featured work: Celestial Koi

celestial koi 54 x 40 smaller

I like to work large, and this pastel called “Celestial Koi” is large.  The seam that’s visible in the photograph is there because I put two sheets of pastel paper together to create the picture.  Overall it measures 54 x 40 inches. Because I used sanded paper I couldn’t use a single sheet — unless I had applied a sanded ground to watercolor paper myself.  This drawing is made on UArt paper — which is wonderful.  It looks just like sandpaper — it basically is just like sandpaper, but is a form of sandpaper made to the exacting conservation standards required for an artists’ material.

So the visible seam is a fundamental part of the picture, part of its form.

Anyway, one of the joys of presenting artwork at the Fine Arts America site is that they offer reproductions at fairly large sizes.  This image can be purchased as large as “48 x 35.8.”  So it’s not as large as the original, but it’s still pretty large.

The original pastel on the easel appears below.  Some of the interior objects, the bookcases and whatnot, give a hint at the scale.  I had just gotten the UArt paper and I was going crazy drawing kois.

studio 4 (2)

Some background: like many visitors to the National Gallery of Art in Washington DC, I have long admired the many banners hanging from the building that advertise visiting exhibitions.  And like many visitors I have wondered what happens to the banner when the exhibit concludes?  They are of course too large to hang inside someone’s home — but some of the banners could be cut down in interesting ways and adapted for interior decoration ….

nga banner

Seeing those banners instilled a longing in me to create large versions of some of my pictures for not only do I enjoy making large pictures, I also particularly like making large drawings.  A large drawing is one that you can get inside of — all the whimsy and freedom of a drawing can be there — only LARGE. Thus one of the hopes I have for my Fine Art America site is that it can feature more and more large drawings, some that are in small drawings blown up and others that are real-live large drawings.  We’ll see what happens with that.  I’ll keep you posted.

I imagine the Celestial Koi in a room with a lot of yellow.  It could make a wonderful contrast in an airy, buttery, yellow colored room.  I found this room on the internet.  (I like to search for images of beautiful rooms on the internet!)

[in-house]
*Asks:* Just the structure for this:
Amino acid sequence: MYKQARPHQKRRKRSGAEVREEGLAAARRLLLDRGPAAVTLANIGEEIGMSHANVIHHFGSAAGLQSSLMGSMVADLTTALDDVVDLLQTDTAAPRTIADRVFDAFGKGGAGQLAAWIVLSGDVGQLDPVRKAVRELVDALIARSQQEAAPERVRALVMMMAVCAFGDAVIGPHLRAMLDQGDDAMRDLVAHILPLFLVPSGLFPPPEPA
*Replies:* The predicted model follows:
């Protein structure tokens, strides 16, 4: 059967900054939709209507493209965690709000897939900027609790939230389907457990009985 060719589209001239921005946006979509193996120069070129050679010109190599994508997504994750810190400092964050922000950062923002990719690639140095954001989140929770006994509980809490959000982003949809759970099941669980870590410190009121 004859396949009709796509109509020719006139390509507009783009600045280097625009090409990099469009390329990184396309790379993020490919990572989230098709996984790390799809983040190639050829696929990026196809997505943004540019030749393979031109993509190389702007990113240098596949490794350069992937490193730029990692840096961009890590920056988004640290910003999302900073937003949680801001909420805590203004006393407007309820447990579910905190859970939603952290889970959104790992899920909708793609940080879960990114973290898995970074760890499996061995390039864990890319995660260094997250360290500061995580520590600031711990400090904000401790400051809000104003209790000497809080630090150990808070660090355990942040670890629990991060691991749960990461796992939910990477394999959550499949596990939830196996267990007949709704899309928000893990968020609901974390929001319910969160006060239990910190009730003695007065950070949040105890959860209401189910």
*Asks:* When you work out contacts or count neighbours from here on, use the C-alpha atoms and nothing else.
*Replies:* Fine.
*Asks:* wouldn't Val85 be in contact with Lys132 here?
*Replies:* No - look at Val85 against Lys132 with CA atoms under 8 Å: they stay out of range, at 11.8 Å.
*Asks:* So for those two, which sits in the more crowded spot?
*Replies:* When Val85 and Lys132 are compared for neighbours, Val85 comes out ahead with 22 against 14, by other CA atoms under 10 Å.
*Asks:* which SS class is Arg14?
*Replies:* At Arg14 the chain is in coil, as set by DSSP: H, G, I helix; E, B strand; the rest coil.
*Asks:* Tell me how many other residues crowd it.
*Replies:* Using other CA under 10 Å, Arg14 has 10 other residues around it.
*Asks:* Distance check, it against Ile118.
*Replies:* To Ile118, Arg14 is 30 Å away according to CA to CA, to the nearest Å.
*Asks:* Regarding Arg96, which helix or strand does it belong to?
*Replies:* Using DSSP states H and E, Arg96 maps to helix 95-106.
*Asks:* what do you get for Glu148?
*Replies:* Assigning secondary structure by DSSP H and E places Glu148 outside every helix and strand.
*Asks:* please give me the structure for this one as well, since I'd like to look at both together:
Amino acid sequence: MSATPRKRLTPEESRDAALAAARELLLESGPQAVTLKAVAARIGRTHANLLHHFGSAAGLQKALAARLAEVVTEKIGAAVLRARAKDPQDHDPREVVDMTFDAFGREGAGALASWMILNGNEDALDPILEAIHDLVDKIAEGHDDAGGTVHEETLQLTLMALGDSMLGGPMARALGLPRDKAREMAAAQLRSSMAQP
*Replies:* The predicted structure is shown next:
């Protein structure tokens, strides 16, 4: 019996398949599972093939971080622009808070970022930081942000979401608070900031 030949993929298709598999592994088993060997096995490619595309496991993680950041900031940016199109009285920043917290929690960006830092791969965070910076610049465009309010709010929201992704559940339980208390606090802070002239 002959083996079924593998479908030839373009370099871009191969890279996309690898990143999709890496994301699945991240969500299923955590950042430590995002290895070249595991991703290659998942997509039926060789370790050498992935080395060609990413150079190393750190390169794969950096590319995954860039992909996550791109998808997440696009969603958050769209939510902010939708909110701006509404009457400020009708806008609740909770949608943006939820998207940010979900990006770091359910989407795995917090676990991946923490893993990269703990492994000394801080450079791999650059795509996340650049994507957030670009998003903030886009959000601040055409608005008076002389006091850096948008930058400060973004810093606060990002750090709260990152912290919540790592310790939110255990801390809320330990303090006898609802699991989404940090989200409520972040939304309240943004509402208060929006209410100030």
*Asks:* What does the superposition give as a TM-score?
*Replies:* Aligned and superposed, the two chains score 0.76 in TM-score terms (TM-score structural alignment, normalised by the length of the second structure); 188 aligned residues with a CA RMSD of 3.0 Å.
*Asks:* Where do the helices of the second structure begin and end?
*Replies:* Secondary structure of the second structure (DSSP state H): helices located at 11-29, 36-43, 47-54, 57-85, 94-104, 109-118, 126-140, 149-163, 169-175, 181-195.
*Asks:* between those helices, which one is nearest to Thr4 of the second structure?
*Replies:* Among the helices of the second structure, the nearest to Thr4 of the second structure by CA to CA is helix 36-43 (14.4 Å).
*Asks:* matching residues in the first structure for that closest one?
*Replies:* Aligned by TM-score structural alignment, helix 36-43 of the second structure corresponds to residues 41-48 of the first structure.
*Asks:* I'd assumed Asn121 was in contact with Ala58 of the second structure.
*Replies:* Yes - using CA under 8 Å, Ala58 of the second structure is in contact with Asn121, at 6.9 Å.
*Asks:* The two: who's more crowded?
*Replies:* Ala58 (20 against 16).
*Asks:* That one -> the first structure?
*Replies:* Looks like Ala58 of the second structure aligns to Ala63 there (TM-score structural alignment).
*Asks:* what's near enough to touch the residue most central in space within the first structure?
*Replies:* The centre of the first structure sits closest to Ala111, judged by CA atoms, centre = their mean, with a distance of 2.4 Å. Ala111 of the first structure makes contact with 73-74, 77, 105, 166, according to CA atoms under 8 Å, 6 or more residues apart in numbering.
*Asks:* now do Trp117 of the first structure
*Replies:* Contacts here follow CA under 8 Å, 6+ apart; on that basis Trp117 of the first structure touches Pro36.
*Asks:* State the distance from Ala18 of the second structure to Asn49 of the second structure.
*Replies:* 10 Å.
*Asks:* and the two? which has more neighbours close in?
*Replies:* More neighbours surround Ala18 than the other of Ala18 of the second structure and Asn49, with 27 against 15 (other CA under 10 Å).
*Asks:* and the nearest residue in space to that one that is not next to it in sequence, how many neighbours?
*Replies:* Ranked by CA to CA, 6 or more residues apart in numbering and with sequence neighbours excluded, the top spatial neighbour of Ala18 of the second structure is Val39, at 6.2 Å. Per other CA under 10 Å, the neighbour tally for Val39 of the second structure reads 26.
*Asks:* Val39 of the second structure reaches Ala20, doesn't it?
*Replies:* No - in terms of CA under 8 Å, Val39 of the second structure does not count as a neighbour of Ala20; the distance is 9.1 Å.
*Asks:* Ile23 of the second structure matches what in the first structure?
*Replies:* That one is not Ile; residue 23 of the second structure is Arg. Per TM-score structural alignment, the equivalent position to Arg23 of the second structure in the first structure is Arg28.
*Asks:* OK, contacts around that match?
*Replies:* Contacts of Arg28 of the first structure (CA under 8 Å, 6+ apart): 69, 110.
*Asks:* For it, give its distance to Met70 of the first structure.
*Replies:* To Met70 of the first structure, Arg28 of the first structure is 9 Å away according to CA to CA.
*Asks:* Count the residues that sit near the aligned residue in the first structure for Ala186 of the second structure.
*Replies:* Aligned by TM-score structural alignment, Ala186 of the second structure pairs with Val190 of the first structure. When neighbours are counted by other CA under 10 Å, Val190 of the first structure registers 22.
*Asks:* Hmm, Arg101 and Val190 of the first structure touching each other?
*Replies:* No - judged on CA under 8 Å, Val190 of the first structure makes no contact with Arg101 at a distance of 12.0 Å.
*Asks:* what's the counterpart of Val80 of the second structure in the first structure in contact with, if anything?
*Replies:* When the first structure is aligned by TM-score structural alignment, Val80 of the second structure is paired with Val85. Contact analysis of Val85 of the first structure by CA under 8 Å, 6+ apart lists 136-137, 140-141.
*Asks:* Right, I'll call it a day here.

-yellow-living-rooms-yellow-rooms
This is someone’s gorgeous room.  But if you take down those prints — lovely as they are — and replace them with my large blue koi pastel — wouldn’t that be wonderful?!

Just like that!  Kois over here, imagine them over there. Or in any similarly airy, gracious room in need of a large company of fish ….

Here’s a link to “Celestial Koi” —

https://aletha-kuschan.pixels.com/featured/celestial-koi-aletha-kuschan.html

in the open

sideyard in capitol hill (3)

I have an idea for a project.  On one of my walks I saw a garden that reminded me of my idea, so when I could, I visited the place and made this quick sketch using oil pastel.

Actually it looks nothing like my idea, but ideas are like that — they tend to occur in your head and sometimes bear only fleeting resemblances to particular things that recall them to memory.  So this drawing doesn’t look like my idea though it does bear a sketchy resemblance to the actual place I visited.

Nonetheless I trust the drawing to connect me to my idea in ways I cannot fathom. While your hand records the forms, that invisible link etches deeper into the silent mind.

I have decided to go out into the field as often as my schedule permits to make drawings that relate to ideas, ones that have been rattling around in my head.  Drawing is a form of research. Even when the drawing doesn’t look like the idea there will be some kinship, some je ne sais quoi that connects to the hidden motives that had called me to the place.  If I draw the locale more times, the connection might grow clearer.  It was pleasant being there — having to think on my feet, experiencing all the sensations of the motif — not just its look, but the air, the sounds, the breeze, the pull of gravity, the fatigue of standing and passage of time in the changing of the light.

So these are episodes of brainstorming.  I make the drawing to call back to the idea, and perhaps it will call me again in echo.